Dublin, 24th November, 2016: Brian Mac Neill
Emmanuel observed the visitors to his tiny home near Kigumba, about three hours drive from Kampala, with some bewilderment. We had come earlier this year to meet the little two year old and hear about the support local health activists trained by ChildFund have been able to provide for Emmanuel and his mother Everlyne at a time when they badly needed assistance. Emmanuel was born with a condition that causes him to have a larger head that his little body can naturally support. This has made life difficult for Emmanuel and of course for his mother too, who is his lone carer with just limited support from a grandmother. Juggling full time care made it really hard for Emmanuel’s mum to cope, leaving both her and Emmanuel in a vulnerable position within the local community. Thankfully help was on hand. Home Health Activists trained by ChildFund’s local partner organisation have a committee that identifies children most at risk within the community, and in need of urgent intervention. They act as support and guidance for the family ,and as interlocutors, mediating bureaucratic channels, connecting children in need to such heath services that are available. Unfortunately, In Emmanuel’s case his condition was not something the nearest (regional) hospital was not equipped to deal with. The Health Activists however, were able to refer Emmanuel’s case to Katalemwa children’s home in Kampala, a dedicated treatment and rehabilitation care-facility supported by ChildFund, that is able to help children with specialist problems like Emmanuel’s. The hospital is renowned for its ingenious orthopaedic workshop where tailor-made appliances and rehabilitation aids are made from locally available materials.
After undergoing rehabilitation treatment and consultation with doctors, the orthopaedic team constructed a special chair and a separate device to help Emmanuel stand up while his head is supported, something that is extremely importation for his long term heath and development. It is also hugely important to his mum in enabling her to place Emmanuel in a safe construction(s) that can support his body weight. This intervention has been really important to Emmanuel, ensuring that his body grows correctly. It is hoped that when he is older he will able to walk and support himself ,as his body strengthens. Without proper care to support his physical development, he ran the risk of being an invalid. The new devices have also helped his mother, who can have peace of mind that he is safe while she attends to other matters in the house.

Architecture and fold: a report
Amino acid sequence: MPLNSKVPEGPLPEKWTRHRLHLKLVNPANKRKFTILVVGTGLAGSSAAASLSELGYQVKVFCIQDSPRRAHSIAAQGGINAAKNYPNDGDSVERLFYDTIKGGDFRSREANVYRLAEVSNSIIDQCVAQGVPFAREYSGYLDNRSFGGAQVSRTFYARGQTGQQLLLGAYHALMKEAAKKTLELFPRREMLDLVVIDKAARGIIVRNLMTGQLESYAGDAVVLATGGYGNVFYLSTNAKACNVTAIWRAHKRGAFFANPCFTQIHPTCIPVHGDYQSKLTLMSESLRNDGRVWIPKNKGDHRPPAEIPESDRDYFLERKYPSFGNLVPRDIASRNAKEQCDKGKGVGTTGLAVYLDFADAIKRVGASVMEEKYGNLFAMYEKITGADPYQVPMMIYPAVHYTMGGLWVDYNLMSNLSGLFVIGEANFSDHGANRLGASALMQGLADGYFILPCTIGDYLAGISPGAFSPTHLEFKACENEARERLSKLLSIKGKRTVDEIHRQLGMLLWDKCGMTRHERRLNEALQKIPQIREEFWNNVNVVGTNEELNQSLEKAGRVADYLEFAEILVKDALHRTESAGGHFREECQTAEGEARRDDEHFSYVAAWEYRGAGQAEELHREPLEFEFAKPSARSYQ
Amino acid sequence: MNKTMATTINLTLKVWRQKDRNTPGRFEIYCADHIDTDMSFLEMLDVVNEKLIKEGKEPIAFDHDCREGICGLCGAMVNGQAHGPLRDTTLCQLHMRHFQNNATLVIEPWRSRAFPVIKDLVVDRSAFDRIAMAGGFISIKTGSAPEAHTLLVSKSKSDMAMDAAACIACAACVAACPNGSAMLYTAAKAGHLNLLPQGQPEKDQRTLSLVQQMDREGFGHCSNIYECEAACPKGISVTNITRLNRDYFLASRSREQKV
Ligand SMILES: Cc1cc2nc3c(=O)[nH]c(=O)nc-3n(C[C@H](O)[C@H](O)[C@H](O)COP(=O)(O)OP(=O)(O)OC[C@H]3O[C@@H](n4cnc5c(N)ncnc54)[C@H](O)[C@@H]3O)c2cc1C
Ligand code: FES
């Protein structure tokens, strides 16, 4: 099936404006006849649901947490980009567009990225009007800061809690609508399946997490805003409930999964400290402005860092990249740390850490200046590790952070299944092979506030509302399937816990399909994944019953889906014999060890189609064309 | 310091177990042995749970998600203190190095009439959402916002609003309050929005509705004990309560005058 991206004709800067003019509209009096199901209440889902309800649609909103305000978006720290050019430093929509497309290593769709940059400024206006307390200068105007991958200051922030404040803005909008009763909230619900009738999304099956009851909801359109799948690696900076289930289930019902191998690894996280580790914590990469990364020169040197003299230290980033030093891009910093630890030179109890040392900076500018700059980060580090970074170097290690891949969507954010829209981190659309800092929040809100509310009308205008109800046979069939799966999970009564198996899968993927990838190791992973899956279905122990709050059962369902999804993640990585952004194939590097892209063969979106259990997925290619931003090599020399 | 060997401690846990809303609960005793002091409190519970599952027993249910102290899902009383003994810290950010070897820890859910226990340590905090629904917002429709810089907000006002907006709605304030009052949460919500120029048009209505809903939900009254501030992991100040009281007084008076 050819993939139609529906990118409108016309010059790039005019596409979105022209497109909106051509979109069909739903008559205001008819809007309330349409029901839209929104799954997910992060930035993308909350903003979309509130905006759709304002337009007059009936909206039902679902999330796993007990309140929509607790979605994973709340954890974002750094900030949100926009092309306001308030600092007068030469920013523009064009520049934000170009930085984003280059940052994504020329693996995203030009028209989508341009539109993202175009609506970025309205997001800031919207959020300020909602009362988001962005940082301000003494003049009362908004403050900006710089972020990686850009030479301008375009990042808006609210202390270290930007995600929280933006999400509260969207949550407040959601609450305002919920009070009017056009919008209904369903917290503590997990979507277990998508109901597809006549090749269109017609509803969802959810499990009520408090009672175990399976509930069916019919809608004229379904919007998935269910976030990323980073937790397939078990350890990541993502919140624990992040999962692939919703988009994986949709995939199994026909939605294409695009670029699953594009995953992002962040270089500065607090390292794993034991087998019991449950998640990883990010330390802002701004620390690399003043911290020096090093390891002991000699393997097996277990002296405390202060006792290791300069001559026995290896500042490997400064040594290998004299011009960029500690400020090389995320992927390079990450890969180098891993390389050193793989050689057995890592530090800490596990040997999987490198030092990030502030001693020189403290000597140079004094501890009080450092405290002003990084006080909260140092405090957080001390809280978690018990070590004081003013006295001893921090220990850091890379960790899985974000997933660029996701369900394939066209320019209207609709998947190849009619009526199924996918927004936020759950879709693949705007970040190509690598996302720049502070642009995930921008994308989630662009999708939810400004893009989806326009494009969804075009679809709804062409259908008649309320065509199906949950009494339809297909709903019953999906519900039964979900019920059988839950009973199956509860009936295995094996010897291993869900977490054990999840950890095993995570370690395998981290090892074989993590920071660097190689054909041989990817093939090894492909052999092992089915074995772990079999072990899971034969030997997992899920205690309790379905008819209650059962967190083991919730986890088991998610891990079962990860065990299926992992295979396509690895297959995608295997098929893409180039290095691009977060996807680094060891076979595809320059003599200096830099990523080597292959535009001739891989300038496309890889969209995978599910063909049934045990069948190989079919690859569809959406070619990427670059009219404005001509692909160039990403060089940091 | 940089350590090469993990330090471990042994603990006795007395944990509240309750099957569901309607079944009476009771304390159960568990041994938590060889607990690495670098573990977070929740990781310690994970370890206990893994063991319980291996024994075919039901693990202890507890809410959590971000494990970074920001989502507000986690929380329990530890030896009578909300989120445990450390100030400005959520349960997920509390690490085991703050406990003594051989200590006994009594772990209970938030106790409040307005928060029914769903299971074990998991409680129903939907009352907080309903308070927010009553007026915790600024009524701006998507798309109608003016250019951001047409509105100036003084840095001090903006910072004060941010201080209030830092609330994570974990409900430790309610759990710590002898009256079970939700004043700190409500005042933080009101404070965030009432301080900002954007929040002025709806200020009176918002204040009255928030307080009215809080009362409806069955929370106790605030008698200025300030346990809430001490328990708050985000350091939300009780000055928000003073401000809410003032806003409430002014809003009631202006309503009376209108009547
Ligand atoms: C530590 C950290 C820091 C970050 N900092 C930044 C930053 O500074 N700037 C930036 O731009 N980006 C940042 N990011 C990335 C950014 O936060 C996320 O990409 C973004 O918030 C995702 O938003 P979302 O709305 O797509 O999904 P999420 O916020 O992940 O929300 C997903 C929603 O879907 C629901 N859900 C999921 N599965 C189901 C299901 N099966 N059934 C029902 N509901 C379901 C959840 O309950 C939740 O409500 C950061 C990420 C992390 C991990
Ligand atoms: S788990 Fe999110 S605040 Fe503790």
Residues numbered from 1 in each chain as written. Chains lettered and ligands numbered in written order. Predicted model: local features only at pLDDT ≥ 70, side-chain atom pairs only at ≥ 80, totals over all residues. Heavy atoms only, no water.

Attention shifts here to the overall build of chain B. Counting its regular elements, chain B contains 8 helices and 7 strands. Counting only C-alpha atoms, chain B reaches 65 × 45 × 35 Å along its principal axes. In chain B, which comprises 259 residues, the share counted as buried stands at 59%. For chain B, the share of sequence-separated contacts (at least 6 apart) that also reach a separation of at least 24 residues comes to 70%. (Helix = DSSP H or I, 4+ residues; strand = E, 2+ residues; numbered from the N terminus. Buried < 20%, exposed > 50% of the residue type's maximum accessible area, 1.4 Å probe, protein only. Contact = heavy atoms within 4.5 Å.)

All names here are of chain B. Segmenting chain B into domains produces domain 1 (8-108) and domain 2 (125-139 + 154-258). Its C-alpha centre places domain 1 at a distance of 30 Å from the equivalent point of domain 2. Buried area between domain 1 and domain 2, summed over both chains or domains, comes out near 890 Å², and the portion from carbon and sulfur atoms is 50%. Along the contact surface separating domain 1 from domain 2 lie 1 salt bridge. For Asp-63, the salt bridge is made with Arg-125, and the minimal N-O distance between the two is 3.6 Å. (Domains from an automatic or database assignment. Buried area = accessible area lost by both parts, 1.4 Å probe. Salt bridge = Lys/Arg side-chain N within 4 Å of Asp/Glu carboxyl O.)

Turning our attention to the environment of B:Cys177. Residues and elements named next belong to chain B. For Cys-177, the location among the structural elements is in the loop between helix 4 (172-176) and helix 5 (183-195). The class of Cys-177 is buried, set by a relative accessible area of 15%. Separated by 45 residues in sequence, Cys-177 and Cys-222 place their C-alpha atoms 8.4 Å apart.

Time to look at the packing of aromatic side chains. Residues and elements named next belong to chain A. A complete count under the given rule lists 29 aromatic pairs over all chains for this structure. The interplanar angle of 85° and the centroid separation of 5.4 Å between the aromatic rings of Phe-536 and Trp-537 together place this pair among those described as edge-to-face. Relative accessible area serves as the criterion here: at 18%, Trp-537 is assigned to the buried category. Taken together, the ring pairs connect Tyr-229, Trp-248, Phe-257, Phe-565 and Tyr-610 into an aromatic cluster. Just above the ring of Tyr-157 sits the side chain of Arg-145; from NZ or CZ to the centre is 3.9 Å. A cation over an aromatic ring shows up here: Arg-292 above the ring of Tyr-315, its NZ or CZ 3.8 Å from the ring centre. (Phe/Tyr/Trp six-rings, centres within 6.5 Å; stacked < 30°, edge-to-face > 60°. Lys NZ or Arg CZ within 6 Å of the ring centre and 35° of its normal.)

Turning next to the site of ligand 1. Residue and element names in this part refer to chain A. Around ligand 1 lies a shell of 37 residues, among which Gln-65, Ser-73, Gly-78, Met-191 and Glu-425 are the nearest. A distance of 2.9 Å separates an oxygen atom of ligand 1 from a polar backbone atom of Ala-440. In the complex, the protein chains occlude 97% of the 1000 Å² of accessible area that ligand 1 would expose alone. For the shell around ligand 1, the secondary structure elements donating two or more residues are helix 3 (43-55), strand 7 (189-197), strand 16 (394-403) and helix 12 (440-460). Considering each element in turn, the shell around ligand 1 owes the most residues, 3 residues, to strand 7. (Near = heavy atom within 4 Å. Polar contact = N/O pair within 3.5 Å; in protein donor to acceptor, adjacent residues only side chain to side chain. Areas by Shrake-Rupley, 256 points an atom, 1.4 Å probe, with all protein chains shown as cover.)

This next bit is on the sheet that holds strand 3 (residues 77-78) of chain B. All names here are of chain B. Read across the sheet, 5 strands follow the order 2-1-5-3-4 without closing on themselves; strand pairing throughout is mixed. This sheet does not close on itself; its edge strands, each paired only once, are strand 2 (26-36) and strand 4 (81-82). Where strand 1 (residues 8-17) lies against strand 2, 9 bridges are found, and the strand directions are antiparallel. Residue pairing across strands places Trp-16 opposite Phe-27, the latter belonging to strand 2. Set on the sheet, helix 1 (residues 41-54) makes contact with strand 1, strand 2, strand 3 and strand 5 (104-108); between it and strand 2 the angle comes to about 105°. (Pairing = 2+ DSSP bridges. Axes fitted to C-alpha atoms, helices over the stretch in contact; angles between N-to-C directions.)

Salva is another boy who has benefited from the Home Heath Activist’s trained by ChildFund. The committee identified his family needed support and intervened to help him. Salva was born with a cleft lip and pallet disfigurement. There is much ignorance about these kinds of disfigurements in rural communities. Ignorance can cause unease which in turn can help fuel discrimination and ostracism, an unpleasant and upsetting thing for any child to have to endure. Its because of ignorance about diseases, disorders and disfigurements, that public awareness campaigns are important. It is also important to let parents know that their children are normal, and that there are sometimes very effective treatments available that can radically improve the child’s condition.
The Home Heath Committee invited a specialist from Katalemwa to come and speak on local radio to get the message out there across the community that there is no need to be frighted about unusual conditions and that they can be treated. Families will now know they can reach out for help and that there are positive things they can do to help their child. Hearing these issues discussed on radio by an expert lets people know that conditions such as those of Emmanuel and Salva are not abnormal, As well as providing hope, this intervention also helps to soften and ultimately change attitudes towards vulnerable children who have particular medical problems. Increased awareness helps take away the stigmatisation that children sometimes have to endure, and in its place comes optimism, and support. Now that people are aware that many conditions can be treated and that there is help available, its envisaged that more parents of children not already identified, will come forth and avail of assistance. This is one example of the organic way that ChildFund helps empower local communities, in this case by training local heath activists to identify, support and intervene in cases where children need particular help, and by supporting the work of Katalemwa children’s home in its priceless work to improve the lives of children in Uganda.
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